Shapes, Lines, and Light
My Grandfather's American Journey
by Katie Yamasaki
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Pub Date 06 Sep 2022 | Archive Date 31 Aug 2022
W. W. Norton & Company, Norton Young Readers
Katie Yamasaki’s newest picture book celebrates the life of her grandfather, the acclaimed Japanese American architect Minoru Yamasaki.
Minoru Yamasaki described the feeling he sought to create in his buildings as “serenity, surprise, and delight.” Here, Katie Yamasaki charts his life and work: his childhood in Seattle’s Japanese immigrant community, paying his way through college working in Alaska’s notorious salmon canneries, his success in architectural school, and the transformative structures he imagined and built. A Japanese American man who faced brutal anti-Asian racism in post–World War II America and an outsider to the architectural establishment, he nonetheless left his mark on the world, from the American Midwest to New York City, Asia, and the Middle East.
This striking picture book renders one artist’s work through the eyes of another, and tells a story of a man whose vision, hard work, and humanity led him to the pinnacle of his field.
About the Author: Katie Yamasaki works primarily as a muralist and picture book creator. She has painted more than 80 murals round the world, and her most recent books are Everything Naomi Loved and Dad Bakes.
Praise for Everything Naomi Loved: "Champions the power of ordinary people to preserve what's lost through art."-PW, starred review; "Naomi's home-its sights, smells, sounds, and interactions-is forever a place of love."-Kirkus
Praise for Dad Bakes: "Richly saturated, dynamic paintings…and intricately detailed spreads offer plenty to pore over in this meditative tale."-PW, starred; Full of quiet moments of joy and affirmation."-Kirkus, starred; "A heartfelt work."-Booklist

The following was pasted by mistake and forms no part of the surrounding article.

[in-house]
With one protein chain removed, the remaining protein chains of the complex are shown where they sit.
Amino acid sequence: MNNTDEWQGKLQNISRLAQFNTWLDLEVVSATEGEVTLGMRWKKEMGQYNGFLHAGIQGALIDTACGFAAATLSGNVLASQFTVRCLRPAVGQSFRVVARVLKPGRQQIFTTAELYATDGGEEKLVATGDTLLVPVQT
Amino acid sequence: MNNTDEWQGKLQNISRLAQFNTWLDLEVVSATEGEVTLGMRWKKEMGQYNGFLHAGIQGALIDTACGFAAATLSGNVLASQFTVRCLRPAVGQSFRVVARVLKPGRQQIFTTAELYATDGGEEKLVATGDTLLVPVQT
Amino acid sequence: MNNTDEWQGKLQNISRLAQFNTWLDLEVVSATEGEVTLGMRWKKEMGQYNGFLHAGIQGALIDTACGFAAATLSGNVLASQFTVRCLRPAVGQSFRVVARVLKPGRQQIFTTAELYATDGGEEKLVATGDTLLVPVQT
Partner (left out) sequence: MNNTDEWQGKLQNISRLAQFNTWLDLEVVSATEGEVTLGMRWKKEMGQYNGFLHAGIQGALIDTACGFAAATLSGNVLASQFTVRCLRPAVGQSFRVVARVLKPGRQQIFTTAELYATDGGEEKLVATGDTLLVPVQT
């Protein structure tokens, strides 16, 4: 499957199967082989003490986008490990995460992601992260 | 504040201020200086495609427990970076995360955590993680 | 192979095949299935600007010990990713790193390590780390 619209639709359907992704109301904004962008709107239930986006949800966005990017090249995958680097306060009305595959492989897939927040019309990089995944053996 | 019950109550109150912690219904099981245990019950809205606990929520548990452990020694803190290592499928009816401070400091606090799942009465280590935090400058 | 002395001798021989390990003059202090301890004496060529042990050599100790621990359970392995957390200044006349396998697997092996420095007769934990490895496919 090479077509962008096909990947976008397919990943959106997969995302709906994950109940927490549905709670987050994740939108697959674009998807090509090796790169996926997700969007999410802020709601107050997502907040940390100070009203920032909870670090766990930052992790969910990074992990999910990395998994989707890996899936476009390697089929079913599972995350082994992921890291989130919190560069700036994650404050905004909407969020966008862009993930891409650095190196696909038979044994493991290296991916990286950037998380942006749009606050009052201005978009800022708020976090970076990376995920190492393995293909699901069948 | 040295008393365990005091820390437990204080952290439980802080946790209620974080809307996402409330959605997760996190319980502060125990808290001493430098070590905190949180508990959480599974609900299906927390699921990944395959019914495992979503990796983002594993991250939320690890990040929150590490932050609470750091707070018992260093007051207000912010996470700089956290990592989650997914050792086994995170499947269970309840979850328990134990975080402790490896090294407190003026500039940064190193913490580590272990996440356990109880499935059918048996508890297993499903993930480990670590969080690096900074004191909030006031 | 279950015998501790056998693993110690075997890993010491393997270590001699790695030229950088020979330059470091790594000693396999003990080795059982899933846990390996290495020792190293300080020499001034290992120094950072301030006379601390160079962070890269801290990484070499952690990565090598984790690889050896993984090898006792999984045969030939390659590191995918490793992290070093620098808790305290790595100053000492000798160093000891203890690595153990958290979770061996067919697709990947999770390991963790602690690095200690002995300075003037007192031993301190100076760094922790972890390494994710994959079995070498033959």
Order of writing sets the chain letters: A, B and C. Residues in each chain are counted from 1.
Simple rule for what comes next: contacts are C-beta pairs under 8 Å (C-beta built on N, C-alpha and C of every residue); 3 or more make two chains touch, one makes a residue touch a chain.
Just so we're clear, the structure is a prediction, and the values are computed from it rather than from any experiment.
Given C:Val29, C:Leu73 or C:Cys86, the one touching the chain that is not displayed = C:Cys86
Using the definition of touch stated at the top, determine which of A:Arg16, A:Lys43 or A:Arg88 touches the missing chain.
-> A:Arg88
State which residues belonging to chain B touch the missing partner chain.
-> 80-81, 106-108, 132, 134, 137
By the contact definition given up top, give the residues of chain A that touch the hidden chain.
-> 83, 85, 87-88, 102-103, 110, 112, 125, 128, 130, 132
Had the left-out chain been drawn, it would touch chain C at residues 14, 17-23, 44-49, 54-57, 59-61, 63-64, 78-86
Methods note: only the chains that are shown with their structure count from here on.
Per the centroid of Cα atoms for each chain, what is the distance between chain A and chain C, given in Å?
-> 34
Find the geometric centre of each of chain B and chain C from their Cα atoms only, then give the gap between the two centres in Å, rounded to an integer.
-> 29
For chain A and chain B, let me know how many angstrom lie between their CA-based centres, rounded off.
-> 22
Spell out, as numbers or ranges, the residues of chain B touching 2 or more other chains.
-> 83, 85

Available on NetGalley
Average rating from 17 members
This picture book biography tells the story of the author's grandfather, a Japanese American who faced adversity in trying to attend college and earn a degree during the time between the world wars. Due to excessive amounts of racism towards Japanese people, especially closer to WWII, the experience of Japanese Americans was very difficult during the mid 1900s. The author mixes the positive parts of her grandfather's life with the challenges he faced and also compares them to the racism and destruction created surrounding 9/11 in NYC. As an architect, her grandfather had a passion for buildings and even though he was not alive when the towers fell, the author was able to share the grief he would have felt in a way that young children would understand. The book ends with an extensive author's note about her grandfather and his studies of architecture and his challenges facing racism.
I think this book would be great for teachers wanting to teach about diversity, racism and inclusion both in America's past and where we are today. I think it is also a great opportunity for teachers to show students that even if someone faces significant challenges related poverty and discrimination, it is possible to persevere. I also love that this book shows both sides of architecture: a science and an artform. Picturebook biographies are very popular right now and I think this book would be no exception! I would highly recommend it to parens and teachers of children in the 6-10 age range. Thanks so much to Netgalley and the publisher for giving me the opportunity to read and review this great book!